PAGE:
- Data.ai (formerly App Annie) released a new games report with IDC, which found that mobile gaming is poised to take over 60% of the market share in 2022 — 3.2x the size of the next largest form factor, console gaming. The mobile gaming market itself will top $136 billion in 2022. Mobile gaming reaches a wide demographic, it found, with 47% of the top 1,000 grossing mobile games skewing toward Gen Z in the U.S., while the Gen X and Baby Boomer generations, combined, was the fastest group for mobile game spending. U.S. mobile gamers also generally prefer to see ads in exchange for free content by a 3:1 margin.
- Roblox hired former Zynga CTO Nick Tornow as its new VP of Engineering. Tornow will help to shape the platform for its 50 million daily active users, including in areas like real-time translation, and other areas.
- Sony said it will shift more than half (55%) of its development budget to its live game service over the next three users, aided by Sony Interactive Entertainment’s acquisition of Destiny maker Bungie for $3.6 billion. The company will leverage Bungie’s expertise to build out a portfolio of 12 live game service franchises by its 2025 fiscal year, up from one in 2021, it told investors. It also forecast significant growth of PC and mobile games within its portfolio.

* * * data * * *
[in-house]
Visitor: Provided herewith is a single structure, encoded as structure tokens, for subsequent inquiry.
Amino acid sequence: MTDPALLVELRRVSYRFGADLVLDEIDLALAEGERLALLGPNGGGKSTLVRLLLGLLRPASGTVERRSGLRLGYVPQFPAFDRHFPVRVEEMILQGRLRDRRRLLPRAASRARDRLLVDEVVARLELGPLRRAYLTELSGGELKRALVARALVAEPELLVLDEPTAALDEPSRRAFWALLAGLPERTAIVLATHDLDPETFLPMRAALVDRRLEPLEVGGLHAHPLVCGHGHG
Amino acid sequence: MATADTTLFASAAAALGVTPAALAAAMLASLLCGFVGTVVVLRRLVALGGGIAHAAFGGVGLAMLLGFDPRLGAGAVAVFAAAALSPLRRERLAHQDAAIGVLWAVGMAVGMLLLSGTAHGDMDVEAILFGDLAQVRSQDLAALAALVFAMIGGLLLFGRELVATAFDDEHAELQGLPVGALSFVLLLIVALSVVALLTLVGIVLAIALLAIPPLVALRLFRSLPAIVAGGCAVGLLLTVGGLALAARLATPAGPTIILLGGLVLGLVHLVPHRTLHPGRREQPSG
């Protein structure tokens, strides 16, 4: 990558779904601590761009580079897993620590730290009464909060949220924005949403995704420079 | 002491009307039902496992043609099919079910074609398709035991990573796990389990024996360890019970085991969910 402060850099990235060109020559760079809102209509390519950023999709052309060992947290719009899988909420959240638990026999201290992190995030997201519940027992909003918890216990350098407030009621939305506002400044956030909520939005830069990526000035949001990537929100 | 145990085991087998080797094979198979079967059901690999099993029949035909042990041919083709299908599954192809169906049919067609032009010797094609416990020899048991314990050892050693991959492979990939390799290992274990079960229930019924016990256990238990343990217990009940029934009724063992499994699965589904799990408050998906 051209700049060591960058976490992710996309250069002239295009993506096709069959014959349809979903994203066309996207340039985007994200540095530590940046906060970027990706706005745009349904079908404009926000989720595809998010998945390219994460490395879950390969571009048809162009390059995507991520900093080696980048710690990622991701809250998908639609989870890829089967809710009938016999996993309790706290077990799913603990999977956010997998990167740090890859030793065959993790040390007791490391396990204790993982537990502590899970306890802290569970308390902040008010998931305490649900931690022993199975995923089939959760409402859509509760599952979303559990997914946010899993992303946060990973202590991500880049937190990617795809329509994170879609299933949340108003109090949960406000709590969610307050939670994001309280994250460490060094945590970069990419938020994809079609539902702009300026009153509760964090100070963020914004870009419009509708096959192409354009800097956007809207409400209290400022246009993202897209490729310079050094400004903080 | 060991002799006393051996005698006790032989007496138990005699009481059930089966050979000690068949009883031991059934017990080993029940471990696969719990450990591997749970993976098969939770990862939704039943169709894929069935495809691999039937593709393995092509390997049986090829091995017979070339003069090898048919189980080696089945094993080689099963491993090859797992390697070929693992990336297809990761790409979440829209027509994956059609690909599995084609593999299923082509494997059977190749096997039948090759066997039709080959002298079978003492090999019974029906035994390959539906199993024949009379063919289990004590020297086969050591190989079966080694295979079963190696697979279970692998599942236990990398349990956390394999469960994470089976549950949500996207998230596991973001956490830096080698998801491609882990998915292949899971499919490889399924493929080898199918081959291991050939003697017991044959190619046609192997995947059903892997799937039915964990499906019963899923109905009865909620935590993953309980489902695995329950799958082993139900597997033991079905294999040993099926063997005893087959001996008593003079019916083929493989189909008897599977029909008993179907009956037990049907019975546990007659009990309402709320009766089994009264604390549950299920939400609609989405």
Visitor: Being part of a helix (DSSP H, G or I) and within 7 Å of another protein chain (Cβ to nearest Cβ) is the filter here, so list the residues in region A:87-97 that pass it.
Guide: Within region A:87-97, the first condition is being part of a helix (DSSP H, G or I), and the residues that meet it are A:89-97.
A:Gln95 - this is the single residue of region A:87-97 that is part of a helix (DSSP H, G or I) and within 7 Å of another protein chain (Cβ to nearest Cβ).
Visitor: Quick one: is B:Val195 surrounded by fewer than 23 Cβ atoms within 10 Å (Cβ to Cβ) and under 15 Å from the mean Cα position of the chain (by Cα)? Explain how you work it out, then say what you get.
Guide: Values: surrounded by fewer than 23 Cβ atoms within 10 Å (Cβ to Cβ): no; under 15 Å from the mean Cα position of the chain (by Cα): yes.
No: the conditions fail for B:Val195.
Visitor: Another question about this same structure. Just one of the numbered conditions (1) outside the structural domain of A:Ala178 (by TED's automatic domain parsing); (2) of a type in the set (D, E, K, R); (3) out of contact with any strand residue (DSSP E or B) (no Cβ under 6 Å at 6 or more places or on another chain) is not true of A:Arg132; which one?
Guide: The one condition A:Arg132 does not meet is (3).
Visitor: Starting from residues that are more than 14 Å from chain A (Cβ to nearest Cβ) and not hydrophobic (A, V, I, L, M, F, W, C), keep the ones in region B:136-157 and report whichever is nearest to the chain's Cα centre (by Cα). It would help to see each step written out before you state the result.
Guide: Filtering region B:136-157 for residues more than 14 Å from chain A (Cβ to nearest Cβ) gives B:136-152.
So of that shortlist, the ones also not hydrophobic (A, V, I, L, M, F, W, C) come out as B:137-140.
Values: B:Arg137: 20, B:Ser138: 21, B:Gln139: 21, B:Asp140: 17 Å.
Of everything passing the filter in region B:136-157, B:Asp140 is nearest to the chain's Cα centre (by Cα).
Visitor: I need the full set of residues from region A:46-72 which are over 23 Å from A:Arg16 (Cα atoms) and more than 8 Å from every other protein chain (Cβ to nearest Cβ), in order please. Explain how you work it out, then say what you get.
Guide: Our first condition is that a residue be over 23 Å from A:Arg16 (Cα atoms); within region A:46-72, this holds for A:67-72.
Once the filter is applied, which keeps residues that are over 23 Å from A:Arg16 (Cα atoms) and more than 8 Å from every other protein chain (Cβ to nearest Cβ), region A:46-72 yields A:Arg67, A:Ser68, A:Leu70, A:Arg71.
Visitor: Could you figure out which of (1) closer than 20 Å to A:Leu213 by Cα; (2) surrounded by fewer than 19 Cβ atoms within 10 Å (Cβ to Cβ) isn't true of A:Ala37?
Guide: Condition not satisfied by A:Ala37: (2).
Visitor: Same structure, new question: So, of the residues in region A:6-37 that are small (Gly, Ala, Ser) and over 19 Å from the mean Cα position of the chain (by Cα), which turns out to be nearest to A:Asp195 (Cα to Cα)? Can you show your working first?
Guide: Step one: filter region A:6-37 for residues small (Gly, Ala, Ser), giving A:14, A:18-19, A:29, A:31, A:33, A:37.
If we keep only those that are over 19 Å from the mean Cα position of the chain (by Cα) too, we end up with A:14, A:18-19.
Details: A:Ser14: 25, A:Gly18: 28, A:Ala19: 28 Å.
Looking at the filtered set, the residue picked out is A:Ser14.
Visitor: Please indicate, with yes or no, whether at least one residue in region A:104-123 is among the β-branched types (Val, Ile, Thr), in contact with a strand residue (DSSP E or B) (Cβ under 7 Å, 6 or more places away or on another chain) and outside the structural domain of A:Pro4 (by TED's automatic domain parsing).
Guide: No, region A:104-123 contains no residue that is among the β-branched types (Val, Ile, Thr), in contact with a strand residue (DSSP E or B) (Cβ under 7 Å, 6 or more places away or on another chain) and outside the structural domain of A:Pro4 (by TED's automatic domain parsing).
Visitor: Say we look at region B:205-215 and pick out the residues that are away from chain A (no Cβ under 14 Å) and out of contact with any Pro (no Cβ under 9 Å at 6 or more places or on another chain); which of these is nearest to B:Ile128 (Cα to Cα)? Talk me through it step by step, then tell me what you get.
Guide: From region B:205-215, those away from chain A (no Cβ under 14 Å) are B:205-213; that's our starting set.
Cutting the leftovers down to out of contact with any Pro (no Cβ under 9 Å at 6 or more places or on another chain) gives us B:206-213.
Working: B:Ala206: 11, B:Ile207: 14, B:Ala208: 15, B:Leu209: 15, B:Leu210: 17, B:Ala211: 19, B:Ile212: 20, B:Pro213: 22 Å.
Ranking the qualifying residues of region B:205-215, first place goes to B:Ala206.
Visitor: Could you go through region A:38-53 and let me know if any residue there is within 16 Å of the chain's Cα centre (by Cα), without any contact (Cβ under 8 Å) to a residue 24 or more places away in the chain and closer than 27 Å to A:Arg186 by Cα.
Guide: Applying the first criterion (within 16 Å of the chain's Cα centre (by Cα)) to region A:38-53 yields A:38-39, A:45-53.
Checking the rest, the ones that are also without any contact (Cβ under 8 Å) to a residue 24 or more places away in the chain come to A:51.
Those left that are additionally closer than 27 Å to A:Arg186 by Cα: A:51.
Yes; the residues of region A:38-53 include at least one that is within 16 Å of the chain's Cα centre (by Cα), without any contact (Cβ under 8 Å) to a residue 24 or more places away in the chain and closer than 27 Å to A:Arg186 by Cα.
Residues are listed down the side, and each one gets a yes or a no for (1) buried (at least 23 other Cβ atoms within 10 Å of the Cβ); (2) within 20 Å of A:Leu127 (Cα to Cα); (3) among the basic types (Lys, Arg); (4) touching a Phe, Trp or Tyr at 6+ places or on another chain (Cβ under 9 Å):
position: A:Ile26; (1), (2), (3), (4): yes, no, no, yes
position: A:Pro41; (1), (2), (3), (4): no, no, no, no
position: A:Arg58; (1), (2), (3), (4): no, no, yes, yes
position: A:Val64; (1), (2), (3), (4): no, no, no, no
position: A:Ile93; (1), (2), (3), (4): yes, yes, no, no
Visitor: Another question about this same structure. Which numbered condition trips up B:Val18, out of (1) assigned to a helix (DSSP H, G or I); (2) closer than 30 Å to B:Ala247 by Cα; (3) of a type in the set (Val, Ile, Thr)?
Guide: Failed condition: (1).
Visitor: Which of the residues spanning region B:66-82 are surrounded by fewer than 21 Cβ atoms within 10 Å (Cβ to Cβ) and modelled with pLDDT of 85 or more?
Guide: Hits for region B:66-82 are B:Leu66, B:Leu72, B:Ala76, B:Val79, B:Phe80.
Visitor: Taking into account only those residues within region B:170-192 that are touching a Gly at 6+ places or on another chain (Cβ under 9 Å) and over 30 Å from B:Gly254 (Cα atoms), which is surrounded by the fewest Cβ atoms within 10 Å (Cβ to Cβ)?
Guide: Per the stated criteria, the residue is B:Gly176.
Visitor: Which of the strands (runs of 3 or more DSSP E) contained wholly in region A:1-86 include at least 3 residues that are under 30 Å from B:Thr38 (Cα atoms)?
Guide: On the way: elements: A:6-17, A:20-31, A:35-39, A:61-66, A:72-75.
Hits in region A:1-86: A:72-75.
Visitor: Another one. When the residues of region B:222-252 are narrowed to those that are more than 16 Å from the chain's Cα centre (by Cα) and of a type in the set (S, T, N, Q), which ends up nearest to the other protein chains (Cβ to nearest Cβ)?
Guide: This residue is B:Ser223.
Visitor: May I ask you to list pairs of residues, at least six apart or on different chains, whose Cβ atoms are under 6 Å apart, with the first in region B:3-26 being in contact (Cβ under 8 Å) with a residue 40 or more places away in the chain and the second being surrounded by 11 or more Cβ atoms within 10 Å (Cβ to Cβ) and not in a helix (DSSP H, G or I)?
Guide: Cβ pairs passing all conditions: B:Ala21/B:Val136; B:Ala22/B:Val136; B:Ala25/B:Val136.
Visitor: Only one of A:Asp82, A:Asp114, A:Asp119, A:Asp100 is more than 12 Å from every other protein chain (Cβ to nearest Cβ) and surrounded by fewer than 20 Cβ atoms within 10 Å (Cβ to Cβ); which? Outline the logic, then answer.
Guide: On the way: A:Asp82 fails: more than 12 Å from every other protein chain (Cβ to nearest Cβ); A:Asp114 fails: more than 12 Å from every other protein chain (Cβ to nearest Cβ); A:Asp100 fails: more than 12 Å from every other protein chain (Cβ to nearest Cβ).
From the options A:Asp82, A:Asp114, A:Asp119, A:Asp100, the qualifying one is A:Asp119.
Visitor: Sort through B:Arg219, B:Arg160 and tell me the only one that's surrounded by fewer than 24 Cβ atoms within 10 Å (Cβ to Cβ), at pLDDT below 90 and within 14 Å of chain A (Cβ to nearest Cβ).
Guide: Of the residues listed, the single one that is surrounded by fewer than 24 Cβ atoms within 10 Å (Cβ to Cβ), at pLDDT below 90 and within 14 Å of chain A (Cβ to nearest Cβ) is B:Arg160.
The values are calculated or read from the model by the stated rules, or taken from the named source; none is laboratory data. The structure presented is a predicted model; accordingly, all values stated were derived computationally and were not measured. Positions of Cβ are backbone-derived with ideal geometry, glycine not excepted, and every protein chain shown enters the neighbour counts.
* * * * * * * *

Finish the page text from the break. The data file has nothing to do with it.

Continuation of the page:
- Google celebrated 15 years of Street View with a new camera and a time travel feature on Google Maps for iOS and Android that lets you view historical imagery going all the way back to 2007.
- Apple rolled out its immersive walking directions feature for Apple Maps in the city of Tokyo. The feature offers step-by-step walking guidance in augmented reality. Users simply raise their iPhone to scan buildings in the area, and Maps then generates a highly accurate position to deliver directions.
- Maryland residents are now able to store their driver license or state ID in the Apple Wallet app. The state is now the second in the U.S. to support the new feature, following the launch in Arizona in March.
Government, policy and… antitrust lawsuits
- Match Group and Google reached an interim compromise over app payments. Match agreed to withdraw its request for a temporary restraining order and put up to $40 million aside in escrow in lieu of making payments directly to Google while its antitrust lawsuit over app store fees is decided.